Question 4 . . . . . . . . . . . . . . . . . . . . . . . . . . . . . . . . . . . . . . . . . . . . . . . . . . . . . . . . . . . . . . . . . . . . . . . . . . [3 marks]

To check for existence of lim g(x), the Sandwich Theorem cannot be applied to the following set of

x→0

functions, where, for each x, f (x) and h(x) in the Sandwich Theorem are either u(x) or v(x):

3

(B) g(x) = x 2 , u(x) = x2 and v(x) = x

3

(C) g(x) = |x| 2 , u(x) = x2 and v(x) = |x|

x if x is rational,

(D) g(x) = u(x) = 0 and v(x) = x

0 if x is irrational,

80 Basic Analysis Study Guide 2012 MATH2001

MATH2001–Basic Analysis Final Examination June 2011

Time: 90 minutes Total marks: 90 marks

Answer the multiple choice questions on the computer card provided. There is only one correct answer

to each question. Please ensure that your student number is entered on the card, by pencilling in the

requisite digit for each block.

Question 1 . . . . . . . . . . . . . . . . . . . . . . . . . . . . . . . . . . . . . . . . . . . . . . . . . . . . . . . . . . . . . . . . . . . . . . . . . . . . . . . . [3]

Let (an ) be a bounded sequence. Which of the following statements is true for all such sequences?

k→∞

n→∞ n→∞

n→∞ n→∞ n→∞

n→∞ n→∞

k→∞

Question 2 . . . . . . . . . . . . . . . . . . . . . . . . . . . . . . . . . . . . . . . . . . . . . . . . . . . . . . . . . . . . . . . . . . . . . . . . . . . . . . . . [3]

∞

P

Consider the series an . Which of the following statements is false?

n=1

∞

A. If lim sup |an | < 1, then

P

an converges.

n→∞ n=1

√ ∞

B. If lim sup n |an | < 1, then

P

an converges.

n→∞ n=1

|an+1 | ∞

< 1, then

P

C. If an , 0 for all n and if lim sup an converges absolutely.

n→∞ |an | n=1

√ ∞

D. If lim sup n |an | > 1, then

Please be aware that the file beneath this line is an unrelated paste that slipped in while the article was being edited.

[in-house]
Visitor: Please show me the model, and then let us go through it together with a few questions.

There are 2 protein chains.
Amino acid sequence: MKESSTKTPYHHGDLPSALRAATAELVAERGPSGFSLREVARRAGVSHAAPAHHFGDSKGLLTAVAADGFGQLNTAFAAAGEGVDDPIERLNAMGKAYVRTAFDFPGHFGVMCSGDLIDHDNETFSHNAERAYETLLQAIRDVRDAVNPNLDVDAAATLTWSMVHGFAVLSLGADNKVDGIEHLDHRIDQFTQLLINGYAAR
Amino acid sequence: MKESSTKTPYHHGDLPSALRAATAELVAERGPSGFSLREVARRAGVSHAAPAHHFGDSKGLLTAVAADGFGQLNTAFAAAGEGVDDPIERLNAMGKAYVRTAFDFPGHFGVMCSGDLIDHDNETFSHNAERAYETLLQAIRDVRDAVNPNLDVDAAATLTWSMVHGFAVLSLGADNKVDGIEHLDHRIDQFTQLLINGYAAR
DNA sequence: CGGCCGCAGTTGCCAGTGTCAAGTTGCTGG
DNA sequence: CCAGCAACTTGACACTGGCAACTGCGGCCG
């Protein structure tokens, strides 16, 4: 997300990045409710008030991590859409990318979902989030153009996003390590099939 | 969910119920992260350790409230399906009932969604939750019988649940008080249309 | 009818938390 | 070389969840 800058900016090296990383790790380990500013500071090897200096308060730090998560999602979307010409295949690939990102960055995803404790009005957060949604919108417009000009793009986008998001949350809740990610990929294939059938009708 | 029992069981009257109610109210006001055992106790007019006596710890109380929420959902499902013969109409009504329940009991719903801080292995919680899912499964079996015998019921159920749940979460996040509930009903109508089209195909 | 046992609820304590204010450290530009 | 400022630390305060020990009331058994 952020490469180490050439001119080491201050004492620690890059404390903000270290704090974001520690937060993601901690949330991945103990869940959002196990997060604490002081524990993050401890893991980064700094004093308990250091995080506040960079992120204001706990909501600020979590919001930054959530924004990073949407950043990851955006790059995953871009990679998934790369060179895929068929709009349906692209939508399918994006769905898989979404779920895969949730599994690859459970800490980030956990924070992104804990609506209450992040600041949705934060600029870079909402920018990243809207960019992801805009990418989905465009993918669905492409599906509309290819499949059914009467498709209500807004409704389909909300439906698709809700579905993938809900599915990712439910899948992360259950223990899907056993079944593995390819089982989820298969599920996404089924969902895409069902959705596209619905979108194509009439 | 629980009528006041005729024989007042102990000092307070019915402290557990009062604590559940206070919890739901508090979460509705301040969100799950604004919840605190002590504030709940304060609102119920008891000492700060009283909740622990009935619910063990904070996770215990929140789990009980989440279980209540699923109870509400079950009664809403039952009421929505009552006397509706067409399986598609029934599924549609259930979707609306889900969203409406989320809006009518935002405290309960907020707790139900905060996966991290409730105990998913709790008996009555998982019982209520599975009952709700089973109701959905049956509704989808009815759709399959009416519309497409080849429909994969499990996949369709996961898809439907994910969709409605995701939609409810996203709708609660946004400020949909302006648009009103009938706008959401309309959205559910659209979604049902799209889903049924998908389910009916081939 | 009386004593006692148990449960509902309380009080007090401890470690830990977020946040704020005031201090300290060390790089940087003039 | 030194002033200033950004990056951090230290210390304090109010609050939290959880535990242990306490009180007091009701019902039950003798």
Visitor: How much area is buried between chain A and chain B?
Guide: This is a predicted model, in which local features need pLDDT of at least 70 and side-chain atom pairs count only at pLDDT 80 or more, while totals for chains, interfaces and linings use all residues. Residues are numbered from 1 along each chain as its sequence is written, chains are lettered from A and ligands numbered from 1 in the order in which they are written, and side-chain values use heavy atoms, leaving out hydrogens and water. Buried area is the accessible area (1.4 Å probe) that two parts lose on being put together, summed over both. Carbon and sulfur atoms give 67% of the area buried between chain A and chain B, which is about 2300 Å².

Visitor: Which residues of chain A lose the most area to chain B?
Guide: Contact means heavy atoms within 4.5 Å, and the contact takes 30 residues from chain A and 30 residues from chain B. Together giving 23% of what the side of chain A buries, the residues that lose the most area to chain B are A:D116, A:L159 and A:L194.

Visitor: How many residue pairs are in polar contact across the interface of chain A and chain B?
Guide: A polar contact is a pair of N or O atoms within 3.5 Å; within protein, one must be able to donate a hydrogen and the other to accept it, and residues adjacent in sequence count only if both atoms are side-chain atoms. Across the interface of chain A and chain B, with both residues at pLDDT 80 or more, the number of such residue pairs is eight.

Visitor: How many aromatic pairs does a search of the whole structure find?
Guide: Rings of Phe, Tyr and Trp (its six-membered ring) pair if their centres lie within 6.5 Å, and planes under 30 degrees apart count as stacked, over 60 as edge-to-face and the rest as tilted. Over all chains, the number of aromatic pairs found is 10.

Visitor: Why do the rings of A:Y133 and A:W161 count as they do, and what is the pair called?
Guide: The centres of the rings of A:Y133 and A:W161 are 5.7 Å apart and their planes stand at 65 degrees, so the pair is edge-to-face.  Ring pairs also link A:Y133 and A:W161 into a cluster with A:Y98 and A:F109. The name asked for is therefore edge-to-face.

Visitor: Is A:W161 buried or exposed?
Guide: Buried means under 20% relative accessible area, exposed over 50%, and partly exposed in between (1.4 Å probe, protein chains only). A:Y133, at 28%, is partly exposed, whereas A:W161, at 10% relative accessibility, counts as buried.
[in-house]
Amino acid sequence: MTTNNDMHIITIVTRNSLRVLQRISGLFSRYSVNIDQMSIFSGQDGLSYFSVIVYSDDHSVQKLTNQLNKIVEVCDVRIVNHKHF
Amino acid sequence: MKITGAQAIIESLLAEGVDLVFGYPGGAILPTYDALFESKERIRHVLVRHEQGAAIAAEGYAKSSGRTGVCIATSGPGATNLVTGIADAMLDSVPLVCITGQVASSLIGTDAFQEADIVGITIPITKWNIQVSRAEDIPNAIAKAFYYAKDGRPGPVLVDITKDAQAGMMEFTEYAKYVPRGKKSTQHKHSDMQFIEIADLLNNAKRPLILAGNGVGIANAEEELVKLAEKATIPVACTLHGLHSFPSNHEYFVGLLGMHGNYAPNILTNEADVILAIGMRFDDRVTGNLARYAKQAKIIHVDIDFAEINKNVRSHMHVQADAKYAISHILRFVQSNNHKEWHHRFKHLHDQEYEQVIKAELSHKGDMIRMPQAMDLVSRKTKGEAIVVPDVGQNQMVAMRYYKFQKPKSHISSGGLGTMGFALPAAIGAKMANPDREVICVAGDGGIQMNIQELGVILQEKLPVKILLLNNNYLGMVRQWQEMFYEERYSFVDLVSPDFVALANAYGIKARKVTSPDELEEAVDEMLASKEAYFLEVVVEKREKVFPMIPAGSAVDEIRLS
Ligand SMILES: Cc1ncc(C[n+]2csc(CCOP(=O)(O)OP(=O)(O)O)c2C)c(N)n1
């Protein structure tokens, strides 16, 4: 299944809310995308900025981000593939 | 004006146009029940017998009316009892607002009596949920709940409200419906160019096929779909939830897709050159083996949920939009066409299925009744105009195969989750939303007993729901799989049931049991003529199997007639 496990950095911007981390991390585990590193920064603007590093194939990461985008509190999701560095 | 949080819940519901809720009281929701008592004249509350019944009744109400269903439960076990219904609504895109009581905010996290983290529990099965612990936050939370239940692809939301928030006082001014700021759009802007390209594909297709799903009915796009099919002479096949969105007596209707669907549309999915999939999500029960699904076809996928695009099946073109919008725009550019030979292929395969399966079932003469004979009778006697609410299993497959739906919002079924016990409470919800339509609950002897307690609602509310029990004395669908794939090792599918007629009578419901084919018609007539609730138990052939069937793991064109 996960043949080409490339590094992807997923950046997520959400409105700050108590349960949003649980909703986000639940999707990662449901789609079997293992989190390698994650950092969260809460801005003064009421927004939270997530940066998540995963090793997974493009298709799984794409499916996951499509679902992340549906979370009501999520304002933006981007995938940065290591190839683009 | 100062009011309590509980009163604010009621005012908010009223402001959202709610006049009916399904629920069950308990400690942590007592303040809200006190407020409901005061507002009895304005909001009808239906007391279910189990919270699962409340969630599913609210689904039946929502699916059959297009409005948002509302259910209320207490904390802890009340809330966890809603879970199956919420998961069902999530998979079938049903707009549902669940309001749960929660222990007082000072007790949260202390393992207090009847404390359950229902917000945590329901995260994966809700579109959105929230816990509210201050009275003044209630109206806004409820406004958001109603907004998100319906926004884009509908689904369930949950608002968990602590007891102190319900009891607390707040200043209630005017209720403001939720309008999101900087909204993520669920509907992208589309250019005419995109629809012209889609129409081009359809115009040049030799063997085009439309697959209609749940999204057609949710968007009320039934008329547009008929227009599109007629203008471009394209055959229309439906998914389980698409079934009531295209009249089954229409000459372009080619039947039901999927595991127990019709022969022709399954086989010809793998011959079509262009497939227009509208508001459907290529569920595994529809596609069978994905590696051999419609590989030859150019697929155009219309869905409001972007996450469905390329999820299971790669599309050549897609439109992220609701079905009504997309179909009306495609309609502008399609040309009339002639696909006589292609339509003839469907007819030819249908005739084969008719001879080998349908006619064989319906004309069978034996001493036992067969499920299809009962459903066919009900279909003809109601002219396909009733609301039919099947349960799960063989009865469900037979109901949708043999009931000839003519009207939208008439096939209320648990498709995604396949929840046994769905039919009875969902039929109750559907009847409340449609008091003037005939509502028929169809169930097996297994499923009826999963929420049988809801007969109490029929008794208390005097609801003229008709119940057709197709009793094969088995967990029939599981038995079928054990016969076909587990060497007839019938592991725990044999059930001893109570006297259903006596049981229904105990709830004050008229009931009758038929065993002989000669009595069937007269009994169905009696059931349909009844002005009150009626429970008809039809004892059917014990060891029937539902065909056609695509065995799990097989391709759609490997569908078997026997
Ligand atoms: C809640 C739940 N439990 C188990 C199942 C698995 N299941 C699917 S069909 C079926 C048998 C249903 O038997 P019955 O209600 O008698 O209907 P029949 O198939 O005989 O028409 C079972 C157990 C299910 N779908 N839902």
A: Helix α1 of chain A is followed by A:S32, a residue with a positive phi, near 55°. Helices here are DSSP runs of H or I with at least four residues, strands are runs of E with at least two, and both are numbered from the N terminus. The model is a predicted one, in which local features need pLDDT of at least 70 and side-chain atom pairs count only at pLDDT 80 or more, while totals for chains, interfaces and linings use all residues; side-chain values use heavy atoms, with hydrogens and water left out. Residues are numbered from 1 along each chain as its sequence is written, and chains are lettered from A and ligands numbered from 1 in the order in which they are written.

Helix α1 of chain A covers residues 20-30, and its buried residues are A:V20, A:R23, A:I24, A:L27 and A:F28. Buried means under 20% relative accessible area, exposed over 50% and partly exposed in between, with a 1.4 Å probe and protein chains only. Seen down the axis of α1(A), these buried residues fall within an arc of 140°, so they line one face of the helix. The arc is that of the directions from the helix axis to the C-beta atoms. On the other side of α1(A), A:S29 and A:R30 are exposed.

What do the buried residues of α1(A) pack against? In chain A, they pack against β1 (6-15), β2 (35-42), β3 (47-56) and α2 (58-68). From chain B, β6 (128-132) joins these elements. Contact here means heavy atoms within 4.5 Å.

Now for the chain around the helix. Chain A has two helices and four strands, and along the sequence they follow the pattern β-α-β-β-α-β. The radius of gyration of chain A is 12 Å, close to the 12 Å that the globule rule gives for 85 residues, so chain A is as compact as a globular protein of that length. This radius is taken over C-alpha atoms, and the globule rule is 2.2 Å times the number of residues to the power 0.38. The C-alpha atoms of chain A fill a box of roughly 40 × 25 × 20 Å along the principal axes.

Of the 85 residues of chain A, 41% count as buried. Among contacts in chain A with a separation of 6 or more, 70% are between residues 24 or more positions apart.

P

an diverges.

n→∞ n=1

MATH2001 Basic Analysis Study Guide 2012 81

Questions 3–7 below refer to the following theorem and its proof.

Theorem. Suppose that f is continuous on the closed interval [a, b] with f (a) , f (b). Then for any

number k between f (a) and f (b) there exists a number c in the open interval (a, b) such that f (c) = k.

Question 3 . . . . . . . . . . . . . . . . . . . . . . . . . . . . . . . . . . . . . . . . . . . . . . . . . . . . . . . . . . . . . . . . . . . . . . . . . . . . . . . . [1]

How is this theorem called?

A. Fermat’s Theorem

E. Rolle’s Theorem

Question 4 . . . . . . . . . . . . . . . . . . . . . . . . . . . . . . . . . . . . . . . . . . . . . . . . . . . . . . . . . . . . . . . . . . . . . . . . . . . . . . . . [3]

Assume that f (a) < f (b) and define S = {x ∈ [a, b] : f (x) < k}. Then

Question 5 . . . . . . . . . . . . . . . . . . . . . . . . . . . . . . . . . . . . . . . . . . . . . . . . . . . . . . . . . . . . . . . . . . . . . . . . . . . . . . . . [2]

The set S defined in Question 3 has a supremum

A. since S , ∅;

B. by Dedekind completeness;

D. since f is continuous;

E. since a < b.

Question 6 . . . . . . . . . . . . . . . . . . . . . . . . . . . . . . . . . . . . . . . . . . . . . . . . . . . . . . . . . . . . . . . . . . . . . . . . . . . . . . . . [3]

Let c = sup S and assume that f (c) < k. Since k − f (c) > 0 and f is continuous from the right at c,

B. there is δ > 0 such that c ≤ x < c + δ implies | f (x) − f (c)| < f (c) − k;

C. there is δ > 0 such that c ≤ x < c + δ implies | f (x) − f (c)| < f (x) − k;

E. there is δ > 0 such that c ≤ x < c + δ implies | f (x) − f (c)| < k − f (c).

82 Basic Analysis Study Guide 2012 MATH2001

Question 7 . . . . . . . . . . . . . . . . . . . . . . . . . . . . . . . . . . . . . . . . . . . . . . . . . . . . . . . . . . . . . . . . . . . . . . . . . . . . . . . . [3]